Gaming accessory maker Razer has acquired Android game console maker Ouya. Rumors had suggested Ouya was looking for a buyer, and recently we’d heard that Razer was close to reaching a deal to acquire the company.

Now investment bank Mesa Global has confirmed that the deal is done, with the bank acting as and advisor to Ouya during the sale.

razer ouya

Ouya was one of the first companies to launch a video game micro-console running Google Android software. The $100 box was a crowdfunding success story when it was first announced in 2012, but by the time it launched in mid-2013, the hardware was a little dated and the selection of games was limited.

The Ouya team has focused more on software than hardware for the last few years, making its game store and user interface available for third-party game consoles and introducing a subscription-service that lets you play a selection of games for an annual fee.

Ouya black

But the company has been running low on funds while it tries to find a business model that works… and now it has to compete with newer hardware from companies including NVIDIA and Razer.

In fact, Razer launched its own micro-console this year. The Razer Forge TV is a $100 box that runs Android TV software. Connect it to a TV and you can stream media, play Android games, or even stream some PC games over your home network from a gaming computer.

But the Razer Forge TV has received lousy reviews, which could explain why the company’s interested in acquiring a company that has been working to bring Android games to the living room longer than just about anyone else.

thanks Victor C!

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12 replies on “Razer acquires Ouya (Android game system startup)”

      1. Never got to like the controller. And my old xperia play worked just as good tbh. Now I got a shield since a year or so back and that is still a beast, hope nvidia upgrade the portable line next year or so.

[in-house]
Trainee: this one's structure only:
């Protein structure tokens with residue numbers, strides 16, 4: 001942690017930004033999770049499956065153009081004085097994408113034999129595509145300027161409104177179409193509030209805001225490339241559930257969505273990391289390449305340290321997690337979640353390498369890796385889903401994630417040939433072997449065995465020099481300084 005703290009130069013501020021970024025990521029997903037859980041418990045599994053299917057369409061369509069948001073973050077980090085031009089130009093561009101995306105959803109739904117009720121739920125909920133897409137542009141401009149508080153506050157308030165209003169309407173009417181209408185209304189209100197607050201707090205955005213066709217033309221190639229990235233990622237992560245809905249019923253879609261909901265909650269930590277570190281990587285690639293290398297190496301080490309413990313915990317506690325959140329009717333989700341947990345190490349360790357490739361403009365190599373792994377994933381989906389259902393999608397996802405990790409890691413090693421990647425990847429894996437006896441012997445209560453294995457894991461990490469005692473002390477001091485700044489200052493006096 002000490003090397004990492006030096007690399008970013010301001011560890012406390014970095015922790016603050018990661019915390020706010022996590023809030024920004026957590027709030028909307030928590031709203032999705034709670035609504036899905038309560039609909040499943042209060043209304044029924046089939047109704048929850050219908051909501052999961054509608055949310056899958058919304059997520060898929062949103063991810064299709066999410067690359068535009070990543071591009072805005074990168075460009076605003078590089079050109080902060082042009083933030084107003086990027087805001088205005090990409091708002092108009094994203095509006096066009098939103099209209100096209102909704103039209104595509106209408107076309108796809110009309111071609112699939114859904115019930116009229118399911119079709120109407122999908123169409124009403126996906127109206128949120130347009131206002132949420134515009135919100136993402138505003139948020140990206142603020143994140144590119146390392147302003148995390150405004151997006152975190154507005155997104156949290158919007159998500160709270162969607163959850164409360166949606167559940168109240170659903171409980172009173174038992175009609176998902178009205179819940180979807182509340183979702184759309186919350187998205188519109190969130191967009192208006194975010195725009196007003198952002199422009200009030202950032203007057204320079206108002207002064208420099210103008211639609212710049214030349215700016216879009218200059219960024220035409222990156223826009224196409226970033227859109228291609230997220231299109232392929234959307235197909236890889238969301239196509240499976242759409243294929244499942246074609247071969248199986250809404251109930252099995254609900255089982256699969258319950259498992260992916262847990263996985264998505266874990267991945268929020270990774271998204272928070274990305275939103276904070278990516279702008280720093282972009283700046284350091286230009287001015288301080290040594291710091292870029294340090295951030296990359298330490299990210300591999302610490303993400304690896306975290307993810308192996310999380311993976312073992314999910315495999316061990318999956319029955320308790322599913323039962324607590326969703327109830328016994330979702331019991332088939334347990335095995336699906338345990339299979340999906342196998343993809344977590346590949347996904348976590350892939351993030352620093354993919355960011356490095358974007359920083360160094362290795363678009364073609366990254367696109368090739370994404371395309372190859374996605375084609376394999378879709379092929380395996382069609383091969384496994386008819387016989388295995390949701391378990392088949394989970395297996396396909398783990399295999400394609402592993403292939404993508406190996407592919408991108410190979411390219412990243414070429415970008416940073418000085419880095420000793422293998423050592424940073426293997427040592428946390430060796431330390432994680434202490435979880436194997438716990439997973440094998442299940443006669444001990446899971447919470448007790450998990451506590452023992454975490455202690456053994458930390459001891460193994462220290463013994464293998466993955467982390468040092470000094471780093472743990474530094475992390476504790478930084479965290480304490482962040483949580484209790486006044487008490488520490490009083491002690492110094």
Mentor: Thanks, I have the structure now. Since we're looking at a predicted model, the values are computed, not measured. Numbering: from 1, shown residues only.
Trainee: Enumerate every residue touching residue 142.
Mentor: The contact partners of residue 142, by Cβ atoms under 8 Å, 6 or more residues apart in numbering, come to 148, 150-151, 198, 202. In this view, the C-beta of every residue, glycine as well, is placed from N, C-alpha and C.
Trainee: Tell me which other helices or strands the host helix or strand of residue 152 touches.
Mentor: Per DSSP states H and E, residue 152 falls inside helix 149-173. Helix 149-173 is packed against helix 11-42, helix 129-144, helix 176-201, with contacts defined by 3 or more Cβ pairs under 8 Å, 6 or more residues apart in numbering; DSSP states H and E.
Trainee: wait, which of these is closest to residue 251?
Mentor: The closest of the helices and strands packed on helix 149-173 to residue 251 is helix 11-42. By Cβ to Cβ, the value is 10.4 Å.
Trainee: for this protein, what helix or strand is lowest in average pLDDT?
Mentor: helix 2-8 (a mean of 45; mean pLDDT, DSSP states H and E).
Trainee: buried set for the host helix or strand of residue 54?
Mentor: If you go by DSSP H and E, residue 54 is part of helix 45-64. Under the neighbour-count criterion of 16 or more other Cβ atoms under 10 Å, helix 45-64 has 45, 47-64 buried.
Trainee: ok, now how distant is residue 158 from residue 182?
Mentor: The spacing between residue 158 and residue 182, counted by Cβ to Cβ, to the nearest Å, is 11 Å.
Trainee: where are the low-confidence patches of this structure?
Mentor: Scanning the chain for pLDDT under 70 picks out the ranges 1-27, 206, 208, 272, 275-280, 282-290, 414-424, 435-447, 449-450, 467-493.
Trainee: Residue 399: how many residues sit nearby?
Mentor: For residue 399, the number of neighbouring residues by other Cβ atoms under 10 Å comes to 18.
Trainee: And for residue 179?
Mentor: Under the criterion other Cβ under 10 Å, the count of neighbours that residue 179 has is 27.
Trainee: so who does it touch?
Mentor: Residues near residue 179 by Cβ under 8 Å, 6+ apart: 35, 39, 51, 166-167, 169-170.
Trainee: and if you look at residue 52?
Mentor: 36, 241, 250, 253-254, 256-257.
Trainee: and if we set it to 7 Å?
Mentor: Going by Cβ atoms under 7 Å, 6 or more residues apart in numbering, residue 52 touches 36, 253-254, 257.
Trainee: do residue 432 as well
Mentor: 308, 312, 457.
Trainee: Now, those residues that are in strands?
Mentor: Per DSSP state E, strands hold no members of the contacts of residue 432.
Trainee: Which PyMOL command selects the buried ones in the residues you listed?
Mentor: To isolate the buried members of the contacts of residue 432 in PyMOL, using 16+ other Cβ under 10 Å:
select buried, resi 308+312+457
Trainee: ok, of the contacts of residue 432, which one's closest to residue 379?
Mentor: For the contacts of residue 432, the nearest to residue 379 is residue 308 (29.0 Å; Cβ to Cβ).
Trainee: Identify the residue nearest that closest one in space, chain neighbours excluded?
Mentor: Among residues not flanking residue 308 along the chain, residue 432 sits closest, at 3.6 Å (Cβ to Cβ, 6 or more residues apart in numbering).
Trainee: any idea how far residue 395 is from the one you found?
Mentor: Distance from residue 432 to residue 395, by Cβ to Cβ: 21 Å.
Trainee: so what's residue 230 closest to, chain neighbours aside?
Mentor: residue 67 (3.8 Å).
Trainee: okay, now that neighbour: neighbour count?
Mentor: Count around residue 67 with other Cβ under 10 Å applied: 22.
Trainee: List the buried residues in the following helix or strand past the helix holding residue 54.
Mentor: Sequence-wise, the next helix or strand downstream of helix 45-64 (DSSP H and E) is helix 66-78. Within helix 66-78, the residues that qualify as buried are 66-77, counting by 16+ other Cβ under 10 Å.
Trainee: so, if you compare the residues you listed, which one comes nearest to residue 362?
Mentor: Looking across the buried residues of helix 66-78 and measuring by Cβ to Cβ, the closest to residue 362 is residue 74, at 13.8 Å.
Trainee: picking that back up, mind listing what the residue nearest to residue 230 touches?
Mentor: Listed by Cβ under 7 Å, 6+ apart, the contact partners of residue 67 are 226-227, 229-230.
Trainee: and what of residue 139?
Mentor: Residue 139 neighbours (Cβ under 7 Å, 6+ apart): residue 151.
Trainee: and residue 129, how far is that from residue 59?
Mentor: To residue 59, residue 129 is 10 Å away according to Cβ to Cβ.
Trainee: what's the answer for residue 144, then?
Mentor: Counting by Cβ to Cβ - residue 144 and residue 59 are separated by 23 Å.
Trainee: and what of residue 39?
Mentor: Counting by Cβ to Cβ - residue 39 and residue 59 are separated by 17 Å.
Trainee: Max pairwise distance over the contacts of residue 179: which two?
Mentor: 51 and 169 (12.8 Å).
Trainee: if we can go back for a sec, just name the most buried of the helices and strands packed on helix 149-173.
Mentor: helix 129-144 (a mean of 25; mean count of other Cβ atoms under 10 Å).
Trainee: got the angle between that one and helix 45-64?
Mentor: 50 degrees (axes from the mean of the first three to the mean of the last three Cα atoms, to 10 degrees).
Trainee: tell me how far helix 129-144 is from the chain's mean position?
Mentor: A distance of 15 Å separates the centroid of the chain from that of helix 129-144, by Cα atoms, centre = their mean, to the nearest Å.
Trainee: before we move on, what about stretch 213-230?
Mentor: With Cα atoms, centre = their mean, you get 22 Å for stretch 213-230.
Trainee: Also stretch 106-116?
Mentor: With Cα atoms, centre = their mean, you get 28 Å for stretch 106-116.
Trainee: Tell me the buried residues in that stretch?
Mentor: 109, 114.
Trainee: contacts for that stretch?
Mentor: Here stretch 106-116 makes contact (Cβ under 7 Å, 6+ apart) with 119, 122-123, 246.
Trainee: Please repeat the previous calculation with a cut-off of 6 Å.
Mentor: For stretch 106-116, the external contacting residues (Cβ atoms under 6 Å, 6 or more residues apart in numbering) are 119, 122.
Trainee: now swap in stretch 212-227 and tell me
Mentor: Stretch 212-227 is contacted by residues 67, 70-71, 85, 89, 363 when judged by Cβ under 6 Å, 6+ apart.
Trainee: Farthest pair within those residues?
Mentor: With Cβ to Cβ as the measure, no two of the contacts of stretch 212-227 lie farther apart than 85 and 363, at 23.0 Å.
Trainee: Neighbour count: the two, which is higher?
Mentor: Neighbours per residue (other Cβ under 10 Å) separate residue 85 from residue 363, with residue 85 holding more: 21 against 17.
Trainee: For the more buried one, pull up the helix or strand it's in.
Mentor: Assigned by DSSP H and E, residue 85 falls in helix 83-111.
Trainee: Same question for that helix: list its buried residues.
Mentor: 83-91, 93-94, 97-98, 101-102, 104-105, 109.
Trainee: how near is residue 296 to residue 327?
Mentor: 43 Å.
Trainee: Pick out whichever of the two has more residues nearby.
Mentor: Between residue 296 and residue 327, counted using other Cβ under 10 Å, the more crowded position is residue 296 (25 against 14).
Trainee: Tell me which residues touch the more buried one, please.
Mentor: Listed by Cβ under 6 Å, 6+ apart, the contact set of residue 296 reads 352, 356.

1. It was a nice dream, but it was a pipedream.

      “Android, Controller + Couch Gaming, Indie Dev Support”
      That all sounded good on paper, the reality is this tho:

      You’re not inside the Google Ecosystem on the Ouya, you’re in the Ouya Ecosystem. So right off the bat the “Vast Library of Android Games” isn’t a selling point. You’ve got about “1000 Apps” according to official Ouya Statements, that’s not even all Games. Also a lot of games feel / felt laggy on the Ouya because of the anemic hardware. When it was announced in 2012 Tegra 3 was top of the Line, when it released in mid 2013 tho it was already a bit outdated and it’s pretty much a joke today. It’s basically a 2012 phone without the screen, without access to google play, which needs its games to be ported to use the controller instead of touch controls.

      Also it was announced and released at a time when MS and Sony didn’t play that nicely with Indie Devs and it was a pain to get onto XBox Live or PSN for a lot of Games, with 8th Gen that pretty much changed so it doesn’t even have the “Indie Dev Release Meca” thing going for it anymore.

      With the (re-)Launch of Android TV and Devices like the nVidia Shield Home Console, i’d advise anyone looking for Android Gaming in the Living Room to get a Shield instead of an Ouya nowadays.